Treatment of atrophic mandibular fractures based on the degree of atrophy--experience with different plating systems: a retrospective study.
ABSTRACT The aim of this retrospective study was to evaluate the clinical outcome of fractures of the atrophic mandible based on the degree of atrophy and treatment by different plating systems.
Thirty patients with 40 fractures of atrophic mandibles were treated by open reduction and internal fixation at our department between 1994 and 2001. Twelve fractures occurred in Class I (between 15- and 20-mm bone height), 10 fractures in Class II (between 10 and 15 mm), and 18 fractures in Class III atrophy (<10 mm). The profile heights of plating systems used for stabilization varied from 0.5 to 2.2 mm and were applied with an intraoral (n = 37) and extraoral (n = 3) approach.
In 36 fractures, bone healing was uneventful. Major complications (loose hardware or nonunion) occurred in 4 fractures: 2 in Class II and 2 in Class III atrophy. Major complications were observed with 1.4-mm (n = 3) and 2.2-mm (n = 1) plates. Minor complications (infections or dehiscence) were observed in 6 fractures: 3 in Class II and 3 in Class III atrophy. Hypesthesia of the inferior alveolar nerve was present 1 week and 1 year postoperatively in 39 and 16 fractures, respectively.
Treatment of atrophic mandible fractures should be based on the degree of atrophy. More rigid fixation may be necessary in mandibles with less than 15 mm bone height.
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ABSTRACT: Fractures of the atrophic edentulous mandible are relatively uncommon representing less than 1% of all facial bone fractures seen at The Queen Victoria HOspital, East Grinstead. Only 35 patients have been treated for fractures of the atrophic edentulous mandible at this unit from a total of over 4000 facial bone fractures seen here between 1975 and 1994. All traditional treatment modalities have been utilised with varying degrees of success. A technique is presented whereby all displaced fractures of the atrophic edentulous mandible with a measured bony vertical dimension of less than 10 mm at the fractures site are managed with primary autogenous rib grafting. This reduces the risk for formation of pseudarthosis and facilitates subsequent prosthetic rehabilitation.British Journal of Oral and Maxillofacial Surgery 01/1996; · 2.72 Impact Factor
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ABSTRACT: The purpose of this study was to measure the resistance to displacement in an adult bovine rib mandible model as the vertical dimension of the bone decreases, and to compare the fixation strength of titanium miniplates and reconstruction plates. Five groups of 6 ribs each were tested based on the vertical dimension of the rib and method of fixation (group 1, 40 mm, miniplate), (group 2, 30 mm, miniplate), (group 3, 20 mm, miniplate), (group 4, 10 mm, miniplate), (group 5, 10 mm, reconstruction plate). In the 4 groups stabilized with a miniplate, a 3-hole-per-segment, 2.0-mm titanium miniplate and 6.0-mm monocortical titanium screws were used. In group 5, a 3-screw-per-segment, 2.4-mm titanium reconstruction plate and 2.4-mm bicortical titanium screws were used for fixation. A 2-dimensional beam model (Class III lever) was established, and an Instron machine was used initially to develop a load-displacement curve to 100 N for each specimen. An osteotomy was then created, and the segments were reduced without preload. The ribs were then loaded to failure in the Instron machine. The load-displacement curve and failure load were recorded. There was no significant difference (P < or = .05) between any of the groups before the osteotomy. At 75 N, groups 1 and 2 were superior to group 5 in resistance to displacement. Group 4 showed significantly less (P < or = .05) resistance to displacement than the other experimental miniplated subgroups. As loads increased, groups 1 and 2 continued to show increased resistance to displacement when compared with groups 3, 4, and 5. Loads to failure for groups 1 and 2 were comparable to group 5. Decreased resistance to displacement occurs with decreasing vertical dimension of the bovine rib. In fractures of the edentulous mandible, a miniplate is more likely to provide adequate fixation if the mandible is 30 to 40 mm in height (nonatrophic). At higher loads, groups with greater vertical height (30 mm and 40 mm) provided resistance to displacement equivalent to the 10-mm group repaired with a reconstruction plate. Therefore, fractures of the atrophic mandible may be better treated with more rigid techniques.Journal of Oral and Maxillofacial Surgery 02/2000; 58(1):56-61; discussion 62. · 1.33 Impact Factor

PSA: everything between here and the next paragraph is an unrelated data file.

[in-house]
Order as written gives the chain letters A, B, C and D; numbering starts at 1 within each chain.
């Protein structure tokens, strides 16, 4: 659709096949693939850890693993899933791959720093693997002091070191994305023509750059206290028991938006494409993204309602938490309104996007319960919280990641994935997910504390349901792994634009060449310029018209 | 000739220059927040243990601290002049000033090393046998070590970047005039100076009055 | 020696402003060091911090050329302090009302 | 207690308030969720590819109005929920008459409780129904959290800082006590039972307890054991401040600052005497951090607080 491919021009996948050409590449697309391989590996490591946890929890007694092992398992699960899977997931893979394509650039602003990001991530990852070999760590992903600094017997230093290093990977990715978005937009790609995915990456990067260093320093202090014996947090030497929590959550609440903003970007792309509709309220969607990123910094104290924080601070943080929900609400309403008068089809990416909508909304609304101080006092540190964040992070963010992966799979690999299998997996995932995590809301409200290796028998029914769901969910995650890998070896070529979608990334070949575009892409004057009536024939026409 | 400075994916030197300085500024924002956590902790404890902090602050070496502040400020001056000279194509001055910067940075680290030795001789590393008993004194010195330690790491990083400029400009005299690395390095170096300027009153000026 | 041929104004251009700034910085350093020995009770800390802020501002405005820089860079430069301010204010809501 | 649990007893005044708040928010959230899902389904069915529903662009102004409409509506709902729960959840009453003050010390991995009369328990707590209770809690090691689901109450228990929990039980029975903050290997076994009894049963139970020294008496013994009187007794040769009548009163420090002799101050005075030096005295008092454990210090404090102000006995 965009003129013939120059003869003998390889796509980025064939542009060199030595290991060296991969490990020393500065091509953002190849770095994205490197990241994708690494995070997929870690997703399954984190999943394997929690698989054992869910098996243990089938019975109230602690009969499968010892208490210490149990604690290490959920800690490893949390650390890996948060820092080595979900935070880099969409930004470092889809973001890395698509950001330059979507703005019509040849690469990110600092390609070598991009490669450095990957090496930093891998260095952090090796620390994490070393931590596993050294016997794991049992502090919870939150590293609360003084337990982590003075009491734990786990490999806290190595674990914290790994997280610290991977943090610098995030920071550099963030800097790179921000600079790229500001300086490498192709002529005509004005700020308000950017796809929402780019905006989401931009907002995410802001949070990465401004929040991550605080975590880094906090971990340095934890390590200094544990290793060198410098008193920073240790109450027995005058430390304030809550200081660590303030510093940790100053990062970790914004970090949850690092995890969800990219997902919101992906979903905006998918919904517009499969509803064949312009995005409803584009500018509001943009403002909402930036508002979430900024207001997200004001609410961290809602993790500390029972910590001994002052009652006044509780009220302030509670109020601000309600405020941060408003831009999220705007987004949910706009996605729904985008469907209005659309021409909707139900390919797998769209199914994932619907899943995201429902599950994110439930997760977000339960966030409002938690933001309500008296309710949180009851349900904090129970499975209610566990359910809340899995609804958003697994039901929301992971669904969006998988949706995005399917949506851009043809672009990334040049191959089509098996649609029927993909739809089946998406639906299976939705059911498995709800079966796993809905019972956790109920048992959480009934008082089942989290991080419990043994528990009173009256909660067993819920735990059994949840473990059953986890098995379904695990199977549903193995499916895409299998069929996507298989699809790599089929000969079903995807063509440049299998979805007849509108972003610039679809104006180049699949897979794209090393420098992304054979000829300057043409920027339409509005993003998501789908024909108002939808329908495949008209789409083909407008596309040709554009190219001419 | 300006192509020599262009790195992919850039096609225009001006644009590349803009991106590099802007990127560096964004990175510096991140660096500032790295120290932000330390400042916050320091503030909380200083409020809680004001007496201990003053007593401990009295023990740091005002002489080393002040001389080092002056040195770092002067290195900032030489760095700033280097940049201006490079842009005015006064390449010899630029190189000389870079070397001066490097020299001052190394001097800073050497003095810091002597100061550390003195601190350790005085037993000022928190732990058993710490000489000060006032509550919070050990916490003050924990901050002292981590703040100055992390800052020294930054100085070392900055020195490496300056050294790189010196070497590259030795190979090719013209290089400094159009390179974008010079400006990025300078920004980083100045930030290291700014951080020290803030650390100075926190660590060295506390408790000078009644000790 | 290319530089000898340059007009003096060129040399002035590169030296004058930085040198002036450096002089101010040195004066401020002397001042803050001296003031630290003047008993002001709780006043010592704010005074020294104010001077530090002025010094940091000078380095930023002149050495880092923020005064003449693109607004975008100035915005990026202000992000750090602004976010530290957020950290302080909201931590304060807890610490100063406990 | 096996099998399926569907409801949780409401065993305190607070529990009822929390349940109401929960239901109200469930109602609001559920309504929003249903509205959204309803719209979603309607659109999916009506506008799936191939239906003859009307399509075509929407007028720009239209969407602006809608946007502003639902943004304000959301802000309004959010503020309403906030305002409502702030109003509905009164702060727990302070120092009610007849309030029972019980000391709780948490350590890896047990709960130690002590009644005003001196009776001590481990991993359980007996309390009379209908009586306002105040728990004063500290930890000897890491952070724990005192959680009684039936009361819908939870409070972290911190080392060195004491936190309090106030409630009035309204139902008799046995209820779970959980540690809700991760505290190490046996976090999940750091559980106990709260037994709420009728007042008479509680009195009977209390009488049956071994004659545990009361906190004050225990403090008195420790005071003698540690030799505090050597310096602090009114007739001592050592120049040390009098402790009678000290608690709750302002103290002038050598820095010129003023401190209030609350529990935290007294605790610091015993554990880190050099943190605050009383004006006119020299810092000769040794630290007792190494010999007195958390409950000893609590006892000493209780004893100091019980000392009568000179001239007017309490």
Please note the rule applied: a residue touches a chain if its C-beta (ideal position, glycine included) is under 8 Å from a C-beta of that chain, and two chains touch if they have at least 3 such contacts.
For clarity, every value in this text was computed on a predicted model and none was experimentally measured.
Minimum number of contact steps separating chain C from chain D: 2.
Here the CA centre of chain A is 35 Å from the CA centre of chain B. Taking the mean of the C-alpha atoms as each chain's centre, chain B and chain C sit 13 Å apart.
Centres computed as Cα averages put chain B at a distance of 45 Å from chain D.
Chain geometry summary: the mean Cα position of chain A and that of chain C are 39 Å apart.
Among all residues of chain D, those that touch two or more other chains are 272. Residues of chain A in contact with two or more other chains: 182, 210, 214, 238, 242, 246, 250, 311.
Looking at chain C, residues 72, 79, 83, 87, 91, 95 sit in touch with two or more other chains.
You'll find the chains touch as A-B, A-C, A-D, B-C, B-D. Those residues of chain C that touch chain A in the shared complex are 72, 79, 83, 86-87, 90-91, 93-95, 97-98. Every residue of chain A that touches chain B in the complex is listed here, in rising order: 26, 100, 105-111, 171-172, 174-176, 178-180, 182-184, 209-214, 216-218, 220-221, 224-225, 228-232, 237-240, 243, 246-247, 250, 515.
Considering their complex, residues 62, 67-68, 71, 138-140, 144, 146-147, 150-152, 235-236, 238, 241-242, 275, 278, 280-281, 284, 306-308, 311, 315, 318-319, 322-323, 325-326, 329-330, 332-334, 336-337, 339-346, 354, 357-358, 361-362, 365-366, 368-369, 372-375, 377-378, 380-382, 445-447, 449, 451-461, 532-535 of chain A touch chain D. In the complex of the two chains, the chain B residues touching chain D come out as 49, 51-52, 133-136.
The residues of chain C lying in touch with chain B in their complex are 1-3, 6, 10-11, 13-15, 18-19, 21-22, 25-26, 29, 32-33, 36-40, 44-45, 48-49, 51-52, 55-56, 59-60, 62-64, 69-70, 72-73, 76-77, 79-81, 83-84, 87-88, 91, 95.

- British dental journal 03/1972; 132(4):142-4. · 0.81 Impact Factor